What started as roadside sales of freshly caught fish by couple Joshua Schade and Erika Luna, eventually grew into a brick-and-mortar location in the heart of Mö‘ili‘ili in 2013. Featuring locally line-caught fish, Schade and Luna offered the usual array of poke along with hot plate-lunch favorites like kalua pig and garlic shrimp. Routinely voted one of the top five poke establishments by Frolic Hawaii readers, Ahi Assassins also regularly participated in community events such as the annual Honolulu PokeFest. But with the economic slowdown after COVID-19, the owners announced that their last poke bowl would be served on June 14.

Terry’s Place aka HASR Bistro

Owner Terry Kakazu opened the HASR (“Highly Allocated Spoiled Rotten”) Wine Co. almost 15 years ago after running Terry’s Place, a karaoke and live music bar in the Chinatown Cultural Plaza for several years. HASR Wine Co. featured boutique California wines and hosted twice-weekly wine tastings at the back of the shop.

Kakazu’s next venture was HASR Bistro, a restaurant she opened adjacent to the wine shop. She recently re-branded the restaurant as Terry’s Place, named after her original karaoke and music bar. However, once COVID-19 appeared, she closed both the restaurant and wine shop during the city shutdown, electing not to do take-out but hoping that the closing wouldn’t be prolonged. When she realized that it would continue longer than anticipated, she started serving bento and Waffle Hot Dogs (using the original waffle makers of the Asato family who founded the former KC Drive Inn) to lead to a re-opening of HASR Wine Co. Unfortunately, as many other businesses proved unable to successfully re-open, Kakazu realized that “back-to-normal” would take quite a while, so she decided to close Terry’s Place for good.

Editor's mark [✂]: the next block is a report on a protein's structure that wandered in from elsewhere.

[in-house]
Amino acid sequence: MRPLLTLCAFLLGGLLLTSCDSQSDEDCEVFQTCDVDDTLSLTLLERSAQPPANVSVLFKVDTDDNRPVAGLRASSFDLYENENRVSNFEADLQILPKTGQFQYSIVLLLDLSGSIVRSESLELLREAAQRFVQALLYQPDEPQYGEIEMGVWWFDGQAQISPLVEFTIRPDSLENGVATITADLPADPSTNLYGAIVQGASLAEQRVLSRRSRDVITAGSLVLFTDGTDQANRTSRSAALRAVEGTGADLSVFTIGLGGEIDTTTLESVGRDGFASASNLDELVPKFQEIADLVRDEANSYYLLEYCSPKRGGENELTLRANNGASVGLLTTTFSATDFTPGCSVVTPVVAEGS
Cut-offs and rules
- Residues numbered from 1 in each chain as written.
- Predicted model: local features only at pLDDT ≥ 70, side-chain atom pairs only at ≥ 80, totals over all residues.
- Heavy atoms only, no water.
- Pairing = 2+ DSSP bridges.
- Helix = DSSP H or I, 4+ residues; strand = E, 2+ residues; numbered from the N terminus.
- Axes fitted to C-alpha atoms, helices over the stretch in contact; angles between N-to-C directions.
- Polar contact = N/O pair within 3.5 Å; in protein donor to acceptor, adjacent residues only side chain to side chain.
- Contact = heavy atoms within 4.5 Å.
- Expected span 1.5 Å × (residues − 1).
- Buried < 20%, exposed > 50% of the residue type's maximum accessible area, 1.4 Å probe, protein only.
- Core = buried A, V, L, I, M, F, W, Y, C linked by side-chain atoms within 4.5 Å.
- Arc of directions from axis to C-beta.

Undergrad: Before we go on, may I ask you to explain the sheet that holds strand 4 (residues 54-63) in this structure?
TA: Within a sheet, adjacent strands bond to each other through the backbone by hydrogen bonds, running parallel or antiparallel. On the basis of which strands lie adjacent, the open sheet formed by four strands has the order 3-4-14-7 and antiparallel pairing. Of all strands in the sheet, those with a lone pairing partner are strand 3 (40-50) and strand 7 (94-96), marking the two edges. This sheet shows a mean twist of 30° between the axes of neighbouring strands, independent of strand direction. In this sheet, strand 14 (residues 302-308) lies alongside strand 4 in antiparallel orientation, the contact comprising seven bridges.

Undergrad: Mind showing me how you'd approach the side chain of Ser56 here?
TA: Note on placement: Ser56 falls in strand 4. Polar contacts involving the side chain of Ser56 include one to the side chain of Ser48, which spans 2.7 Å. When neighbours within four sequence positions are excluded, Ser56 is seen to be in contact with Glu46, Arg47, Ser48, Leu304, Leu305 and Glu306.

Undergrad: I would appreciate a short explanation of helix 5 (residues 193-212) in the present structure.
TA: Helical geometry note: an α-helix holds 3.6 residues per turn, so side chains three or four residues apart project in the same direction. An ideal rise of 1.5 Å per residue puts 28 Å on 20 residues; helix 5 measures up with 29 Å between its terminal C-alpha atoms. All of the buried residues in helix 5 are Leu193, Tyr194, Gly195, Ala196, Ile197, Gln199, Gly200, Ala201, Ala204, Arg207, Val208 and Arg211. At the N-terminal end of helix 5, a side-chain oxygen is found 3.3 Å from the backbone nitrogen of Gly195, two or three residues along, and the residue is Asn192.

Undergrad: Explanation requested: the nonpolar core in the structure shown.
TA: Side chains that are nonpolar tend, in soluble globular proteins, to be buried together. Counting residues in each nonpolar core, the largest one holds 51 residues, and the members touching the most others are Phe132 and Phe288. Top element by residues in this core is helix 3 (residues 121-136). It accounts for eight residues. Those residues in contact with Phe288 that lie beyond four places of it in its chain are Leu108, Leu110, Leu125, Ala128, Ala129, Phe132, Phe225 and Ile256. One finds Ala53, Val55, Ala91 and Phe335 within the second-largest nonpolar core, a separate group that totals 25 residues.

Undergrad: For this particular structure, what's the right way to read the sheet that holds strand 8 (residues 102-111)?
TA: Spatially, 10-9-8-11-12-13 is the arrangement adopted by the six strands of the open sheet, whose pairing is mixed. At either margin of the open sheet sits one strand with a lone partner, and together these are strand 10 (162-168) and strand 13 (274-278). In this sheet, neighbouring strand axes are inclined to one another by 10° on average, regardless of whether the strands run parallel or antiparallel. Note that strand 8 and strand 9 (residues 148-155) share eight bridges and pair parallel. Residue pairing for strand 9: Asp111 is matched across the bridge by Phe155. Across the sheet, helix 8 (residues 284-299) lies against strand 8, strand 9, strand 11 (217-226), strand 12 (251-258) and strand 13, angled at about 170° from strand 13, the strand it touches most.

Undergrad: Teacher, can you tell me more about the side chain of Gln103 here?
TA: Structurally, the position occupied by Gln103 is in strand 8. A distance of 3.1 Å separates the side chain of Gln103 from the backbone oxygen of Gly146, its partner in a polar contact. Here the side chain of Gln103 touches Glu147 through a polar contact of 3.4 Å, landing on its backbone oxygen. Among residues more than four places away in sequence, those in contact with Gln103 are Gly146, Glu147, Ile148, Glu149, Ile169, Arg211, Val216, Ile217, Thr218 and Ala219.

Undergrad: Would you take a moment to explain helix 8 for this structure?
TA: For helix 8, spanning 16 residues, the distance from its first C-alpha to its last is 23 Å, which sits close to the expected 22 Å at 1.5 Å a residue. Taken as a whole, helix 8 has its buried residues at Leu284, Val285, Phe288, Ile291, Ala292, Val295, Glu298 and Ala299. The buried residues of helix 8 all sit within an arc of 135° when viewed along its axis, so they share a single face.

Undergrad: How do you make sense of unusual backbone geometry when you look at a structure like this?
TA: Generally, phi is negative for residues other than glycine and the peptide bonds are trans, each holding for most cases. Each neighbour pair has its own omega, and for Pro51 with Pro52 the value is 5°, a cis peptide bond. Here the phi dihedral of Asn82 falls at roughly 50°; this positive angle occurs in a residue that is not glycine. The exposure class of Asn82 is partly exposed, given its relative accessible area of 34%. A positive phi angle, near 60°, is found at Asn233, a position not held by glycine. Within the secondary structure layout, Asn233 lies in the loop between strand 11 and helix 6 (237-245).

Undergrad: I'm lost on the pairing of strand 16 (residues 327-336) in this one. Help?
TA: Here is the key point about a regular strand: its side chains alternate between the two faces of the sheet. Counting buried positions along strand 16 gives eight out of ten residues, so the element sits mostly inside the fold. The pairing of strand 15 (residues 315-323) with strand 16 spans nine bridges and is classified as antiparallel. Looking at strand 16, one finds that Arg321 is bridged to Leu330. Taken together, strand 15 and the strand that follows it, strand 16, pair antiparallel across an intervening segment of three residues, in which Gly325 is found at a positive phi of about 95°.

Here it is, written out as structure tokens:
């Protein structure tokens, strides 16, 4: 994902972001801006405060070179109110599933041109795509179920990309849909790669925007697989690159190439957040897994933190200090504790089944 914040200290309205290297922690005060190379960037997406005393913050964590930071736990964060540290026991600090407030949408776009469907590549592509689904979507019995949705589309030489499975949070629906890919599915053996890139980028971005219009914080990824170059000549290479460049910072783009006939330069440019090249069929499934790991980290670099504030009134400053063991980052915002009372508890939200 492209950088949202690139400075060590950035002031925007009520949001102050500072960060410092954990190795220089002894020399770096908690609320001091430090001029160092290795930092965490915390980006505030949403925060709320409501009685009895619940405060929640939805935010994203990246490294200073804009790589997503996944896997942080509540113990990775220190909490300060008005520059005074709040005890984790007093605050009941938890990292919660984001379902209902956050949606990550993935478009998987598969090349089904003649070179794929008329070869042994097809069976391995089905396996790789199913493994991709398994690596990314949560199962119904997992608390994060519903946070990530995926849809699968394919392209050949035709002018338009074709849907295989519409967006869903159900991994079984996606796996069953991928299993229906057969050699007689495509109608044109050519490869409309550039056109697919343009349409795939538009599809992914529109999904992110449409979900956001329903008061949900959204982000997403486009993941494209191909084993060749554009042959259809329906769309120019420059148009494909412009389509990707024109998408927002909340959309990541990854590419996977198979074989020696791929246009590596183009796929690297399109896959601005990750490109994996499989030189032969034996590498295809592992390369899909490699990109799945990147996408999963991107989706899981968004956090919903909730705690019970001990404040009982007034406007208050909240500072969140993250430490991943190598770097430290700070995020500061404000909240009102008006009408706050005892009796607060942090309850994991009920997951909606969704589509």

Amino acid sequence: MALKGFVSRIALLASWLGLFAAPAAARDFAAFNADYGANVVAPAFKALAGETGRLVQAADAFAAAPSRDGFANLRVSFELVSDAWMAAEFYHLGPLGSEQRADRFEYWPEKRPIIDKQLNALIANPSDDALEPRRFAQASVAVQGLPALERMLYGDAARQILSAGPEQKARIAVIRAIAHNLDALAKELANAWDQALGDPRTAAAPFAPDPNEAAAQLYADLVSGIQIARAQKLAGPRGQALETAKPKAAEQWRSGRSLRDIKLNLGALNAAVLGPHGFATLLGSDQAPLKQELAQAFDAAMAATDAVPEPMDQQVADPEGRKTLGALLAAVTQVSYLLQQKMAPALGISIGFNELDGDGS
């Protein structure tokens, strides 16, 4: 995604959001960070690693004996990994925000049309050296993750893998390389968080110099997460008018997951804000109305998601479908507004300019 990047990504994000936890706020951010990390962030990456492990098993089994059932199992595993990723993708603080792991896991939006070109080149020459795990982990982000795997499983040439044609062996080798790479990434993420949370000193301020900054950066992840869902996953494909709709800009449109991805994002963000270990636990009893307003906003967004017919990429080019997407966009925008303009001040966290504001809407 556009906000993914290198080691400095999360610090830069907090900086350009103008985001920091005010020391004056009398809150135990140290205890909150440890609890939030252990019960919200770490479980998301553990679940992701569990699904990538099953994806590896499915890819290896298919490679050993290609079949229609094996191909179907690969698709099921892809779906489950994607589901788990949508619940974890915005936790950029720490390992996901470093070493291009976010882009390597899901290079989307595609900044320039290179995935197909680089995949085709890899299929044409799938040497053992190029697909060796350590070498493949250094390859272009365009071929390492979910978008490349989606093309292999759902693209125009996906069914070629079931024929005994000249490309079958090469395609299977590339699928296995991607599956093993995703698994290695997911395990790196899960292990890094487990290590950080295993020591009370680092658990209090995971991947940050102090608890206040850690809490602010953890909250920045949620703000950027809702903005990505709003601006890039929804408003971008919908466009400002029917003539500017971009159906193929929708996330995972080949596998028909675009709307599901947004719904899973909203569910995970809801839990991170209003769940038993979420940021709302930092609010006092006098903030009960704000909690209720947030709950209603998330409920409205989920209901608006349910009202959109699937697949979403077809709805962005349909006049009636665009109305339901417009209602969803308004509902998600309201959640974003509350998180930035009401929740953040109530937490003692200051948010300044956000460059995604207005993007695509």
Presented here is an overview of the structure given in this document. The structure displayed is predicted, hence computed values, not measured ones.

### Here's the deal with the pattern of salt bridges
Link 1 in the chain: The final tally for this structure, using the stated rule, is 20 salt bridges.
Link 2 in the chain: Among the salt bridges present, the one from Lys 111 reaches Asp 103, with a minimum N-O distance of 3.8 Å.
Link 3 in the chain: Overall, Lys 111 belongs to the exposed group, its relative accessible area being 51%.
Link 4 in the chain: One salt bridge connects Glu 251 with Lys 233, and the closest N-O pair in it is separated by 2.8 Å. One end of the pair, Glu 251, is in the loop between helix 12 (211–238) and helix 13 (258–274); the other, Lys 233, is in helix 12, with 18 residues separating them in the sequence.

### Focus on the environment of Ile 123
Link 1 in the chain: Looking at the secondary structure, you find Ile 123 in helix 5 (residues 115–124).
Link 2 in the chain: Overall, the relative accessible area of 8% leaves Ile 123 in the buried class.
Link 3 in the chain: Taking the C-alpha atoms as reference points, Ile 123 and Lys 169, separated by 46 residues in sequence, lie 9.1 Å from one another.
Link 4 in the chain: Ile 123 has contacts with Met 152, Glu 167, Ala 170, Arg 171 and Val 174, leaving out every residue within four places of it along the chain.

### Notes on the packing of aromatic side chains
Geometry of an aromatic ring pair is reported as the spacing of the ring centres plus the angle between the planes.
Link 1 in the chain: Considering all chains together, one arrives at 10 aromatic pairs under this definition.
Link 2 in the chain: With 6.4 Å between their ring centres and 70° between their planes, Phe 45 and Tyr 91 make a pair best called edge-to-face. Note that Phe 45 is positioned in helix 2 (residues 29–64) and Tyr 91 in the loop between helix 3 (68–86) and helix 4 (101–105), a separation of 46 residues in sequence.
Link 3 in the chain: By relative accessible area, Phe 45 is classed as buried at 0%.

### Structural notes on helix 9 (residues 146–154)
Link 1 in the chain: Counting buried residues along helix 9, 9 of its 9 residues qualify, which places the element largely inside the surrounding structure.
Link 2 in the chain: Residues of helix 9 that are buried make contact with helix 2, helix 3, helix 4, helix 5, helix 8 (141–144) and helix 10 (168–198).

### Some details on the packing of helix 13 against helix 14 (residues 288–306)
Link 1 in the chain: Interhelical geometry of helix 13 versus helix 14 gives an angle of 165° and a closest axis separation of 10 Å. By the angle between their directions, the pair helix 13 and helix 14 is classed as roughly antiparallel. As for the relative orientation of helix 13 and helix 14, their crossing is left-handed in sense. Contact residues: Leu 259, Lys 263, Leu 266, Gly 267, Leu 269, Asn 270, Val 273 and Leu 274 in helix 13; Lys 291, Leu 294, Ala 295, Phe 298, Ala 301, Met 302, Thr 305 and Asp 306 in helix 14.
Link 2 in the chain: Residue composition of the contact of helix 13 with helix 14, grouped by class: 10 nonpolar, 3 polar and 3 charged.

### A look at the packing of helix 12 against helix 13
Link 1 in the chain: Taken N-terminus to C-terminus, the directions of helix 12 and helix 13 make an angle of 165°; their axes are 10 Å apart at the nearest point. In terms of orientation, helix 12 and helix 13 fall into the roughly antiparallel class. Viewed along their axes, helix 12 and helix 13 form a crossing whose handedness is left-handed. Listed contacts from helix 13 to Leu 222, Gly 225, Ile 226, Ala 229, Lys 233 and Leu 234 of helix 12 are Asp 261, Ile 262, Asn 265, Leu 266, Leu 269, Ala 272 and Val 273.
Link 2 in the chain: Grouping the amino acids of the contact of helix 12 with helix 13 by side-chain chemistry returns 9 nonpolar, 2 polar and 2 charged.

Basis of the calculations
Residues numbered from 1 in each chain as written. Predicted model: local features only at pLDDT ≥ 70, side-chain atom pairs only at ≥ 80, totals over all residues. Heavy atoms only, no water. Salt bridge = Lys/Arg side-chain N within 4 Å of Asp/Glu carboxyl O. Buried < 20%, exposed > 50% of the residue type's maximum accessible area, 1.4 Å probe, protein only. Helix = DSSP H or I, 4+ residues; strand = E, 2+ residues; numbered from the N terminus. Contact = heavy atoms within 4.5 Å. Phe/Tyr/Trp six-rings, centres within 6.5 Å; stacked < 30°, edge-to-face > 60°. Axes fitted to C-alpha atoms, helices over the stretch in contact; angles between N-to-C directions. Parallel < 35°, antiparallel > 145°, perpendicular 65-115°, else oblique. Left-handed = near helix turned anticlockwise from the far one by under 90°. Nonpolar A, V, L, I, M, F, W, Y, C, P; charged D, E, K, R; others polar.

REAL gastropub and Bent Tail Brewing Company

While writing this column, I occasionally would view my Facebook feeds. This is how I saw the announcement that REAL would not be re-opening, which was posted about 10 minutes after the restaurant’s “End of an Era” message. The husband and wife team of Troy Terorotua and Lisa Kim opened REAL gastropub in 2012 in the Ward Farmer’s Market which we visited on multiple occasions. When the building was demolished to make room for another Kaka‘ako condo, it took another year and a half before REAL opened a new location, complete with its Bent Tail Brewing Company microbrewery. We had enjoyed REAL’s Happy Hour at the original location which, at 2 p.m., started earlier than most (hey, it’s always 5 p.m. somewhere in the world!). We would have the pub’s poutine (gravy-and-cheese-curd-covered French fries) and the Irish Car Bomb (a dessert with a chocolate-stout brownie, Guinness gelato, Bailey’s Irish Cream anglaise and Jameson Irish Whisky caramel). And I am sad to admit that we never visited the new location which was open for just a little over a year. As REAL’s final post ends, “Until our Next Beer!”